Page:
naturally into two pieces: the user-interface and the engine.

The user-interface is the part of the program that talks and listens
to the user.  The engine does the work that the user asks to have

The WWW is driven by this natural separation.  The Web browser handles
the user-interface; the Web-server at the Web-site is the engine.

The trick of the Web is that the user-interface is available from the
engine side so that it can be attached to all kinds of engines, not
just to the information servers the Web surfers are used to seeing.

The first great example of an engine, more powerful than an
information server, by no coincidence, is the voting sites on the Web.
If you poke around the Web, you can find some sites that invite you to
vote on things.  You can vote for your favorite music somewhere.
There's VOTELINK that invites you to vote on a different subject each
week.  So these sites have a fancier engine than an information
server.  They will also process your votes.

These systems, however nice they are, are still plebiscites because
some central authority invents the voting topics.

Our dream system, of course, needs another dimension in interactivity
so we, the users, can set up our own polls.

Currently, we have two engines, Participate and eVote, that, when
working together, will give us everything we need.  However, they
aren't connected together yet, and they both have clumsy and obscure
text interfaces that would discourage all but the most ardent
democracy supporters.

However, these engines, when attached to the Web user-interface,
will make participation intuitive, productive and fun.

Let's turn down the lights and have a look.


Here we see my opening screen in our future system.  See, "Welcome
Marilyn", it knows me.  And my email is arranged for me.  I designate
which of my email correspondents get into my "first priority" list.
And, I like to have my private email listed separately from my public

At this point, I can read my email, I can write email, I can ask to
see an overview of the topics under discussion in any of my online
groups, or I can start a new online group.


Let's ignore all my messages at first and suppose I came online to
create a new group for people who are interested in gardening.  Here's
the screen that allows me to do this.

The process works like this.  I make an invitation list and whomever I
list in this box gets an email invitation.

There's an editing screen behind this button where I compose the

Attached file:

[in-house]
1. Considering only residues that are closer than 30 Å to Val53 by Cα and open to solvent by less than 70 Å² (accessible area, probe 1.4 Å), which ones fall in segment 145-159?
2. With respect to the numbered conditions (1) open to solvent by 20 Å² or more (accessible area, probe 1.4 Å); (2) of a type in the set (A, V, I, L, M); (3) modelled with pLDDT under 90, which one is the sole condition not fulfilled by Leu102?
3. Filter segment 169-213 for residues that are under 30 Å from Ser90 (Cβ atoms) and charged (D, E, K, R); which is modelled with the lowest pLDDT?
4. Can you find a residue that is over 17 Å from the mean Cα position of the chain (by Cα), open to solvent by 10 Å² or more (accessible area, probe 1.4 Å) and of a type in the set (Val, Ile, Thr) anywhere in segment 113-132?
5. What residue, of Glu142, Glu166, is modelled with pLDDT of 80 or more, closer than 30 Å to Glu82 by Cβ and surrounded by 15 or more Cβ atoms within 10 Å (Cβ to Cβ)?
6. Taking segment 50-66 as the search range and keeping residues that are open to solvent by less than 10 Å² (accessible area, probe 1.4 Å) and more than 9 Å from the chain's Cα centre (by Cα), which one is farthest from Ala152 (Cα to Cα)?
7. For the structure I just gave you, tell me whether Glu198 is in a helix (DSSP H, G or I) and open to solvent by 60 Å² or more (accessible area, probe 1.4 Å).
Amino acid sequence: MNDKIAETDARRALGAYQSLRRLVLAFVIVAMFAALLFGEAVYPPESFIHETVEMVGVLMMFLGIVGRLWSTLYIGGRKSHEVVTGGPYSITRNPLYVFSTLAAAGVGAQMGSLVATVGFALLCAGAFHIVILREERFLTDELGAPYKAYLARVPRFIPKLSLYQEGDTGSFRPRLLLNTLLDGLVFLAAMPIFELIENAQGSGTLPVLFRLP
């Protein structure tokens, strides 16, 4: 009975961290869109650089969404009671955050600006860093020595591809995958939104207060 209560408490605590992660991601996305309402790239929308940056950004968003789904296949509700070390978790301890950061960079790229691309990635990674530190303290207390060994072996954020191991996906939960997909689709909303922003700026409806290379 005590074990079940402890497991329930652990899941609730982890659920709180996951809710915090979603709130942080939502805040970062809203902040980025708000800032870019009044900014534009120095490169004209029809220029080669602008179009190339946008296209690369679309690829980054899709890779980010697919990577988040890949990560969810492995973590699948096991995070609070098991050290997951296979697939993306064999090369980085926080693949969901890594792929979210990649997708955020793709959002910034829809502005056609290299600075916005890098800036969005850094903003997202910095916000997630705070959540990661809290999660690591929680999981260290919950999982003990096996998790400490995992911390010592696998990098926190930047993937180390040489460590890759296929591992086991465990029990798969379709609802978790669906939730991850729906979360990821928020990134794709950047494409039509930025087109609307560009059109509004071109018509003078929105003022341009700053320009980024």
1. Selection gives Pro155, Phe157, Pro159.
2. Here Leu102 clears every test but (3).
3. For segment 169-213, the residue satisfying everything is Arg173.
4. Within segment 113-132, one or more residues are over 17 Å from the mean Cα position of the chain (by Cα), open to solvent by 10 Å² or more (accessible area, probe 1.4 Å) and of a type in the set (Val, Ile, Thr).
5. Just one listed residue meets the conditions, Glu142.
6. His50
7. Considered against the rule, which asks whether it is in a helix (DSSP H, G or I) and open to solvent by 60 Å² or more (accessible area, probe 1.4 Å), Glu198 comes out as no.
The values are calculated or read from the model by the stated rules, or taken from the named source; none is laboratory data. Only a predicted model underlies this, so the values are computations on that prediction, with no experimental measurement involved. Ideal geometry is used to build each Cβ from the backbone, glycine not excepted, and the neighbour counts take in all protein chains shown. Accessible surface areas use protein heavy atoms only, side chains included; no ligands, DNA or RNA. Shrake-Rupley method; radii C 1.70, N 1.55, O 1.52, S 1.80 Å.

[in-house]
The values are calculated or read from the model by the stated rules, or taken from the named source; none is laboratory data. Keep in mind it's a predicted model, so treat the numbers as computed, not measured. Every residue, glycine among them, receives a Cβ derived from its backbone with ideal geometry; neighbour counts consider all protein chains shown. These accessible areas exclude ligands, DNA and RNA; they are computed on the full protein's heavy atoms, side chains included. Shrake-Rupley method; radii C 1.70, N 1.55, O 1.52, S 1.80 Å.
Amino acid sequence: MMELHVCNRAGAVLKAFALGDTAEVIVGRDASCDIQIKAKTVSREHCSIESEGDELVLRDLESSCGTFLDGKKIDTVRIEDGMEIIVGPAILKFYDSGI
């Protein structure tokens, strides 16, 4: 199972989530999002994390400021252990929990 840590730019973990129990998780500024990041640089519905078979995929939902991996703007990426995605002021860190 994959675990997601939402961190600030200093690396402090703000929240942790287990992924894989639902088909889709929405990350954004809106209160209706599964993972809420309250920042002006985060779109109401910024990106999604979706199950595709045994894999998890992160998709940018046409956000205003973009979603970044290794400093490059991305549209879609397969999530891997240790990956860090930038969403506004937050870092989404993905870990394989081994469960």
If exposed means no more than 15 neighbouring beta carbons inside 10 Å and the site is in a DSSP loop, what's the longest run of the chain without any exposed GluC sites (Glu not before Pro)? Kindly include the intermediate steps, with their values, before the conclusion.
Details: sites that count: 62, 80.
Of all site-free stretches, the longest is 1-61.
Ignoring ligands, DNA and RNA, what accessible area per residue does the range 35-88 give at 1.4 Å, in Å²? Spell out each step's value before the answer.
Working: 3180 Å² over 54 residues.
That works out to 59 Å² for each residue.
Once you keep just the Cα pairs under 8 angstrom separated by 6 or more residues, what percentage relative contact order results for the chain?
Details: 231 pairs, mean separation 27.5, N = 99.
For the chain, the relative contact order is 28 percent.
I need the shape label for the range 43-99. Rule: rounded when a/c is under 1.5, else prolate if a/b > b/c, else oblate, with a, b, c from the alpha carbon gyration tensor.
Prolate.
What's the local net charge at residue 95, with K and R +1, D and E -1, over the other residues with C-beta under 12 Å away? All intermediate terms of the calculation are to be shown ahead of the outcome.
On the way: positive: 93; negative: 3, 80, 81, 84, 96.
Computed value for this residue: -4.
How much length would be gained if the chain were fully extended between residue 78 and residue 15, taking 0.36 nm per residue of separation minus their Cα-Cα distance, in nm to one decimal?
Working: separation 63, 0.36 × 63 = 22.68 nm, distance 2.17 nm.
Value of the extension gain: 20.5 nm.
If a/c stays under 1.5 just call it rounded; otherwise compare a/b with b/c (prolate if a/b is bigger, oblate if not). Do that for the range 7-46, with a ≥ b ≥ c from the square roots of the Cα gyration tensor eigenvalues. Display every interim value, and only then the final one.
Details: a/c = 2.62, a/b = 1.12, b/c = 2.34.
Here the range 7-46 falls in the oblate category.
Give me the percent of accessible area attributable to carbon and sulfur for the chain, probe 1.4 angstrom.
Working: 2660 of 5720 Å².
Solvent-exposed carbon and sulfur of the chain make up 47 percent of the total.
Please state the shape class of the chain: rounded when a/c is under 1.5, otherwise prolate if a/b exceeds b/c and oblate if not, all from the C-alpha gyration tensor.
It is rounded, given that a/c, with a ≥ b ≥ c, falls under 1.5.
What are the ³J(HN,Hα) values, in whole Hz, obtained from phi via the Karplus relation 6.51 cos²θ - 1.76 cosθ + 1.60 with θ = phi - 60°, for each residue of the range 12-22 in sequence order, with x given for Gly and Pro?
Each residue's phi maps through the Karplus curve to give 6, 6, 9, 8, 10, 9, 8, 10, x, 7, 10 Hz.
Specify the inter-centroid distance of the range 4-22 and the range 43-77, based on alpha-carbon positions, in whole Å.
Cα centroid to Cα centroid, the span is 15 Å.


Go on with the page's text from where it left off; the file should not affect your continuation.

For each invitee, I decide if that person can read, write, vote, and
poll.  For a gardening group, I think it's appropriate for everyone to
have the same powers and for everyone to be able to do everything.
Also, I allow people who are not joined to the group to lurk.  I don't
expect we'll have secrets to keep.  But because 'others' cannot read,
write, vote or poll, lurkers must join before they can participate.
Anonymous contributions are not allowed here, although in another
group they might be.  When people are allowed to participate
anonymously, they are more likely to say destructive things -- flame,
or just waste everyone's time with senseless nonsense.

Finally, I say 'yes' to the question, "List Publicly", so that
people who are looking for a gardening group can find us and join.

This rare facility, the facility to start a group without asking
permission and without having to set up any special software and
hardware is essential.  My son wants it so he can have a private
meeting with his best friends.  I want it so I can have a meeting with
the people who are interested in the system I'm describing.


Ok.  Let's go back to the opening screen, and from there, let's look
at the overview of the PA-COMNET discussion.

This Web page, and the two others I'll be showing have no
functionality behind them.  However, Participate can provide the
engine for all these features.  The connections have to be made
between the Web interface and the Participate engine.

Here we see the topics under discussion in the PA-COMNET.  When
the number '2' is listed beside the topic, it means that I have
two messages to read under this topic.

>>From this page, once again I can read messages and add messages,
or start a new topic, or move a topic to a new spot in the
organization if I have permission.

The topics are arranged like branches.  A new topic can be added
anywhere among the branches, which allows us to develop outlines
collaboratively.  I imagine that this process, developing outlines,
will be an important step in group decision-making online.

For example, in the ToDo topic, people can list all the things they
think the PA-COMNET should do.  If someone disagrees with a
suggestion, there can be an discussion online, and if the discussion
does not resolve the disagreement, the group can take a vote right
there in the midst of the discussion and finalize their decision.

If the group lists more things in the ToDo topic than the group has
the resources to accomplish, the ToDo list can be prioritized by a
vote.  This asterisk on the "Development" topic indicates that a poll
is under way there and it is, in fact, a poll designed to set our
priorities democratically.  We'll look at it next.

So far, all the functionality these Web pages promise is provided
by Participate.

Now we're going to move away from the lovely Web interface and look at
eVote's contribution to the system by looking at eVote itself.


And here, as promised is a vote underway about which of the
development tasks that PA-COMNET considers worth doing, should be done

Don't trust these data, by the way, I invented them and they seem to
match my feelings exactly about the things we should do and about what
is most important to do first.

People have been invited to vote 1 to 10 on each of four projects.